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      Download the Game Design and Indie Game Marketing Freebook   07/19/17

      GameDev.net and CRC Press have teamed up to bring a free ebook of content curated from top titles published by CRC Press. The freebook, Practices of Game Design & Indie Game Marketing, includes chapters from The Art of Game Design: A Book of Lenses, A Practical Guide to Indie Game Marketing, and An Architectural Approach to Level Design. The GameDev.net FreeBook is relevant to game designers, developers, and those interested in learning more about the challenges in game development. We know game development can be a tough discipline and business, so we picked several chapters from CRC Press titles that we thought would be of interest to you, the GameDev.net audience, in your journey to design, develop, and market your next game. The free ebook is available through CRC Press by clicking here. The Curated Books The Art of Game Design: A Book of Lenses, Second Edition, by Jesse Schell Presents 100+ sets of questions, or different lenses, for viewing a game’s design, encompassing diverse fields such as psychology, architecture, music, film, software engineering, theme park design, mathematics, anthropology, and more. Written by one of the world's top game designers, this book describes the deepest and most fundamental principles of game design, demonstrating how tactics used in board, card, and athletic games also work in video games. It provides practical instruction on creating world-class games that will be played again and again. View it here. A Practical Guide to Indie Game Marketing, by Joel Dreskin Marketing is an essential but too frequently overlooked or minimized component of the release plan for indie games. A Practical Guide to Indie Game Marketing provides you with the tools needed to build visibility and sell your indie games. With special focus on those developers with small budgets and limited staff and resources, this book is packed with tangible recommendations and techniques that you can put to use immediately. As a seasoned professional of the indie game arena, author Joel Dreskin gives you insight into practical, real-world experiences of marketing numerous successful games and also provides stories of the failures. View it here. An Architectural Approach to Level Design This is one of the first books to integrate architectural and spatial design theory with the field of level design. The book presents architectural techniques and theories for level designers to use in their own work. It connects architecture and level design in different ways that address the practical elements of how designers construct space and the experiential elements of how and why humans interact with this space. Throughout the text, readers learn skills for spatial layout, evoking emotion through gamespaces, and creating better levels through architectural theory. View it here. Learn more and download the ebook by clicking here. Did you know? GameDev.net and CRC Press also recently teamed up to bring GDNet+ Members up to a 20% discount on all CRC Press books. Learn more about this and other benefits here.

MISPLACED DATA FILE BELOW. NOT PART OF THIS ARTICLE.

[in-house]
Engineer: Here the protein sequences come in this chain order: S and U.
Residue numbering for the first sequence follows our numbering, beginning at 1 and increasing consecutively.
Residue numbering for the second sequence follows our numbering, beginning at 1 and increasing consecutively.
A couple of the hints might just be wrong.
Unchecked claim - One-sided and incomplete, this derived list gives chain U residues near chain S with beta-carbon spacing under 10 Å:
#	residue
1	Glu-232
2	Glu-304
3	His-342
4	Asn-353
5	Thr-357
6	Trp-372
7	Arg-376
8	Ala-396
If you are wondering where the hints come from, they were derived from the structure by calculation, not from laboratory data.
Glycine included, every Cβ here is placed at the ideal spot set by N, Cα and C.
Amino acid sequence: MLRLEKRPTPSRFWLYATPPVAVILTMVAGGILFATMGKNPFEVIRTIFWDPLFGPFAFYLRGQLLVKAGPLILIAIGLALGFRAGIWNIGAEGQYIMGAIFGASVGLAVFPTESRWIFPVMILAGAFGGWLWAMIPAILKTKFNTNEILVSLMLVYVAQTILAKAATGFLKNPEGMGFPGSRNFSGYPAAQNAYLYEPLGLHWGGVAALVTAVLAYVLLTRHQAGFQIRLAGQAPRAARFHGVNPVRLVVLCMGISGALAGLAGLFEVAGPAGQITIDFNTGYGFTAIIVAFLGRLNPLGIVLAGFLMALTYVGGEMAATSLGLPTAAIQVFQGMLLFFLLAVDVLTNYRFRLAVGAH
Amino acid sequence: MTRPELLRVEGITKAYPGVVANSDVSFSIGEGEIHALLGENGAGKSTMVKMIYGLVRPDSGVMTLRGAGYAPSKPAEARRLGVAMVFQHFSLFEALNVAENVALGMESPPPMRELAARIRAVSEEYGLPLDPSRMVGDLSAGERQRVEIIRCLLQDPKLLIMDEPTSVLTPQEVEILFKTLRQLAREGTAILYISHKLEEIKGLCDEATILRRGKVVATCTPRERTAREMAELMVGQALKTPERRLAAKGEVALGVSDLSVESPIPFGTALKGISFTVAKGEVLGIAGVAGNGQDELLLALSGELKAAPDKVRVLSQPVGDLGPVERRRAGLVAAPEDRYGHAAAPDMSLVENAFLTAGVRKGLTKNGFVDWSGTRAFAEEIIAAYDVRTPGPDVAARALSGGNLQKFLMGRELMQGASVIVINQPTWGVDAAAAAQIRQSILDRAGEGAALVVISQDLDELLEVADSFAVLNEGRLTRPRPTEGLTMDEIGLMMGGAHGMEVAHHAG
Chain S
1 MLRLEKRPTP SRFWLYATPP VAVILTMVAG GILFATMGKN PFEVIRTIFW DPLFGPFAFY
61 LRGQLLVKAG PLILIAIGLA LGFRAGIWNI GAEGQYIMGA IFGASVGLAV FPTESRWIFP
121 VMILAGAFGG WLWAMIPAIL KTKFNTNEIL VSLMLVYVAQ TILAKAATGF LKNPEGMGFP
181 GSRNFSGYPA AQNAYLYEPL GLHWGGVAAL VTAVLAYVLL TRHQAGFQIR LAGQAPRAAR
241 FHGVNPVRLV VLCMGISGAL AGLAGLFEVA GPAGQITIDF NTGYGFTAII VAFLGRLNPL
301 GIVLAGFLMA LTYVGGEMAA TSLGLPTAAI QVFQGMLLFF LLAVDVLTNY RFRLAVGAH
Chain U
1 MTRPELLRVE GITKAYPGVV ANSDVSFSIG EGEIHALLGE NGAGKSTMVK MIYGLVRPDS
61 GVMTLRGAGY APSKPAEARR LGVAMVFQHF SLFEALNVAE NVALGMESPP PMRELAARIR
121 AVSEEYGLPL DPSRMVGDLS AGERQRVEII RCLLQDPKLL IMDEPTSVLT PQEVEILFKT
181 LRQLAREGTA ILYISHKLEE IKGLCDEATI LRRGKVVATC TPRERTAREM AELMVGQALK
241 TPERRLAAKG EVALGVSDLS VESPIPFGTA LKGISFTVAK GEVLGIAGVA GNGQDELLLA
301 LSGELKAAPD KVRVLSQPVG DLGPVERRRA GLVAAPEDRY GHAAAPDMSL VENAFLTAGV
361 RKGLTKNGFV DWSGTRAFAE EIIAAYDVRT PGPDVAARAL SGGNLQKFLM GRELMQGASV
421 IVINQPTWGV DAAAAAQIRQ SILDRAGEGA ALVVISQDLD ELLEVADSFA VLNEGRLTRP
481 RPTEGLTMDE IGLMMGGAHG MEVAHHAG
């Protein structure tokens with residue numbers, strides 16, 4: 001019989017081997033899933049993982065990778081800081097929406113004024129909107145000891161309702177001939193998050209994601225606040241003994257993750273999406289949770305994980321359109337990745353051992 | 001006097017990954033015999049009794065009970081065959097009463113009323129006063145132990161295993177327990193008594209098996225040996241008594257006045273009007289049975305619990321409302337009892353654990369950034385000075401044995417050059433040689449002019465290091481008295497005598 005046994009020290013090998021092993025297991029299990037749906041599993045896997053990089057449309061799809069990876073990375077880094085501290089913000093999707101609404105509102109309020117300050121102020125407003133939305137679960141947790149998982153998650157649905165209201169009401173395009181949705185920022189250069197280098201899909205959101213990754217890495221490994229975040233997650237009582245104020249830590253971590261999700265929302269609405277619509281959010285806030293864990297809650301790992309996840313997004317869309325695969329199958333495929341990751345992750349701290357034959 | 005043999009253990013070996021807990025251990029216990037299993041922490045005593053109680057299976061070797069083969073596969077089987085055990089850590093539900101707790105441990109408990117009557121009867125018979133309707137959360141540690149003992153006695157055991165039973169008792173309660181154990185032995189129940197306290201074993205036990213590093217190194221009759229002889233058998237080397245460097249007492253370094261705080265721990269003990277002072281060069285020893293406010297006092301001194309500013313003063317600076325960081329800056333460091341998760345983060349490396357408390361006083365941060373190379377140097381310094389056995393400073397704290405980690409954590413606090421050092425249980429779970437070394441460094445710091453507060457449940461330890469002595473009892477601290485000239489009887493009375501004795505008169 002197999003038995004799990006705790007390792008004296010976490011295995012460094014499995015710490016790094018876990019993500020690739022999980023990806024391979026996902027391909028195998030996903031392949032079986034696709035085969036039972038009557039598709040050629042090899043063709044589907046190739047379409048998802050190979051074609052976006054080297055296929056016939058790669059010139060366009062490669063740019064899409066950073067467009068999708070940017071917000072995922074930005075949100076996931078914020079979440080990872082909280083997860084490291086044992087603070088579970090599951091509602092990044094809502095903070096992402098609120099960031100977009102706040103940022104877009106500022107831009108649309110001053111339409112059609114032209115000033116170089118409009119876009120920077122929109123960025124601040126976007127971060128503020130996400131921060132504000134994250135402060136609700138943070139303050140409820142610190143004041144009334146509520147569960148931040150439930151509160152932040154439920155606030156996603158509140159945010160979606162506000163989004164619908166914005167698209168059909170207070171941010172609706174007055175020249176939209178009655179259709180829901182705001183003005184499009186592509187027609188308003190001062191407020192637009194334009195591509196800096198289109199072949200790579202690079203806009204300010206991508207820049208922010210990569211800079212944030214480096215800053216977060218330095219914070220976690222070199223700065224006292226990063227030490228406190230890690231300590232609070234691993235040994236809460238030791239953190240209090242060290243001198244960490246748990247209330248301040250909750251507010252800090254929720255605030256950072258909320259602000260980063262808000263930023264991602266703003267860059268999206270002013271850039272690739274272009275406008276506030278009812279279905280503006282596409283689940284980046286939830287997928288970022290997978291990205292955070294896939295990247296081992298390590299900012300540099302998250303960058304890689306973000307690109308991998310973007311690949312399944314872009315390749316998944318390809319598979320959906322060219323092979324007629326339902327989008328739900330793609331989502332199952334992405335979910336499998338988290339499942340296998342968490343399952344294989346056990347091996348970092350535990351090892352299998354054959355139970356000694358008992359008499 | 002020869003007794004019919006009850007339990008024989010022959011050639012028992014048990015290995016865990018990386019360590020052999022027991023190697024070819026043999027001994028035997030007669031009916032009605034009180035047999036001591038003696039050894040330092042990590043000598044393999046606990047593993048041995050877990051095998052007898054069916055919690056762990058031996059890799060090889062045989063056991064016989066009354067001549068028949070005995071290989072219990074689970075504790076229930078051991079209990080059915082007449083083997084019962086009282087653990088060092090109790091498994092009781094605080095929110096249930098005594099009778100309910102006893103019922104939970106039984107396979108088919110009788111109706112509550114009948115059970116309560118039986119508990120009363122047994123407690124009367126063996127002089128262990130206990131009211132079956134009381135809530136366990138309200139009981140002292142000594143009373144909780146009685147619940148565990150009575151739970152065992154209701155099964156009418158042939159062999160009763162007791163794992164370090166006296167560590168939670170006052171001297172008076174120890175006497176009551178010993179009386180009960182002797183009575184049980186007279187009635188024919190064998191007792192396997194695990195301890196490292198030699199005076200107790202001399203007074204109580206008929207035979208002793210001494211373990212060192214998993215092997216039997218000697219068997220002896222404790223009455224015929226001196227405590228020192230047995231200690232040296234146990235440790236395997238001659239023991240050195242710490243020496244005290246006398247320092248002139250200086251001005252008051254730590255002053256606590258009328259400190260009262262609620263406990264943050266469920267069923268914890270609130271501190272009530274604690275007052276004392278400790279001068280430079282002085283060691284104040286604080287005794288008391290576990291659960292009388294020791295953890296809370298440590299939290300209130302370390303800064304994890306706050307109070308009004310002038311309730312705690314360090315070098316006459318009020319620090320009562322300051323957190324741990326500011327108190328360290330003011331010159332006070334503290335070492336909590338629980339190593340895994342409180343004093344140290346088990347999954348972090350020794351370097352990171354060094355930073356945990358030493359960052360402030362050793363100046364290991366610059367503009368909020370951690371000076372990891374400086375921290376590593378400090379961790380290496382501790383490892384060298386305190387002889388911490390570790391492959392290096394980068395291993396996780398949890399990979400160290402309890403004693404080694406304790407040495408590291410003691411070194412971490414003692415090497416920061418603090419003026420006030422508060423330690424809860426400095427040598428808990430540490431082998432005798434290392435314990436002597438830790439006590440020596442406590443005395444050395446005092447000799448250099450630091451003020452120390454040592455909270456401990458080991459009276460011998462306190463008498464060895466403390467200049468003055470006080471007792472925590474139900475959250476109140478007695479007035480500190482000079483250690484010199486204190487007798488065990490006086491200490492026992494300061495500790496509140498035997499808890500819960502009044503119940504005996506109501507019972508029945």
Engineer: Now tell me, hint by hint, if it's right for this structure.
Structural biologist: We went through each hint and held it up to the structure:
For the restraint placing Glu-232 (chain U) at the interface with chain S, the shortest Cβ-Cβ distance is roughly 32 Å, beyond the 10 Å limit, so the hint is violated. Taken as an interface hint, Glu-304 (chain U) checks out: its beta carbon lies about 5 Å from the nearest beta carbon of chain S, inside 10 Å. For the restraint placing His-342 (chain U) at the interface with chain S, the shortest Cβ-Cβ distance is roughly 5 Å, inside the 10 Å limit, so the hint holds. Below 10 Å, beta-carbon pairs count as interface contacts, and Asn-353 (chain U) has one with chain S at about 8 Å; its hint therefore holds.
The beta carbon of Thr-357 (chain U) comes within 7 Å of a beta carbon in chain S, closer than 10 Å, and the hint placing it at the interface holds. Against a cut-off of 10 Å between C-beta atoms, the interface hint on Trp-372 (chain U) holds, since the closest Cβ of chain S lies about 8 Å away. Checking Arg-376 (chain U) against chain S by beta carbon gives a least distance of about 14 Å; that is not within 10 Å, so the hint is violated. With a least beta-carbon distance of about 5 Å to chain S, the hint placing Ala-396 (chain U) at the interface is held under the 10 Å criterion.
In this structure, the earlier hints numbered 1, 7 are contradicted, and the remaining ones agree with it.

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Mac and Linux Support

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How's everyone doing? I'm doing okay. It's a Monday. Hope you're doing okay too. Surviving Sandy aftermath, school, work, and whatever other forms of oppression you may be under.

I don't have anything pretty to show for the past... wow, it's been three weeks. I've been working on a very lofty addition to Lemma's feature bullet list. And that is Mac and Linux support, via the awesome MonoGame project.

Don't get too excited. There is a ton of work left to do before this becomes a reality. But after a few weeks' work, I do know a few things:

  • It's possible. There's a lot missing, but all the code compiles against MonoGame, and a subset runs correctly.
  • I'll have to implement a lot of necessary features on my own. I'll be pushing (or attempting to push) these features back upstream in to the MonoGame project for everyone else to enjoy. It's not as bad as I thought, though. I already completed one big feature (sampler and render states parsed out of .fx files) and am waiting to merge it.
  • In the meantime, I have a build set up where I can quickly switch back and forth between XNA and MonoGame. I can continue developing game features under XNA while patching MonoGame on the side.

    My plan is to focus primarily on the game code, and whenever the creative juices run dry, I can switch gears and knock out a couple MonoGame features.

    It's pretty exciting contributing to MonoGame, as it's a very active project. I'm still new to the whole GitHub workflow, and it seems a bit wonky, but it's leaps and bounds better than anything else out there. Especially because everything is on GitHub. It's like Facebook. It isn't even that great, but the killer feature is that everyone uses it.

    Anyway, this week I'll be getting back to game features. Expect pretty screenshots soon.

    In other news, I'm roughly one month away from graduating, moving into my first apartment, and starting a real job. I'm worried that coding all day at work will slow progress on Lemma, so I'm trying to get as much work done as possible before then. Hopefully once I start work I can find a schedule that keeps me from burning out on Lemma, because I've come way too far to quit.

    Mirrored on my blog

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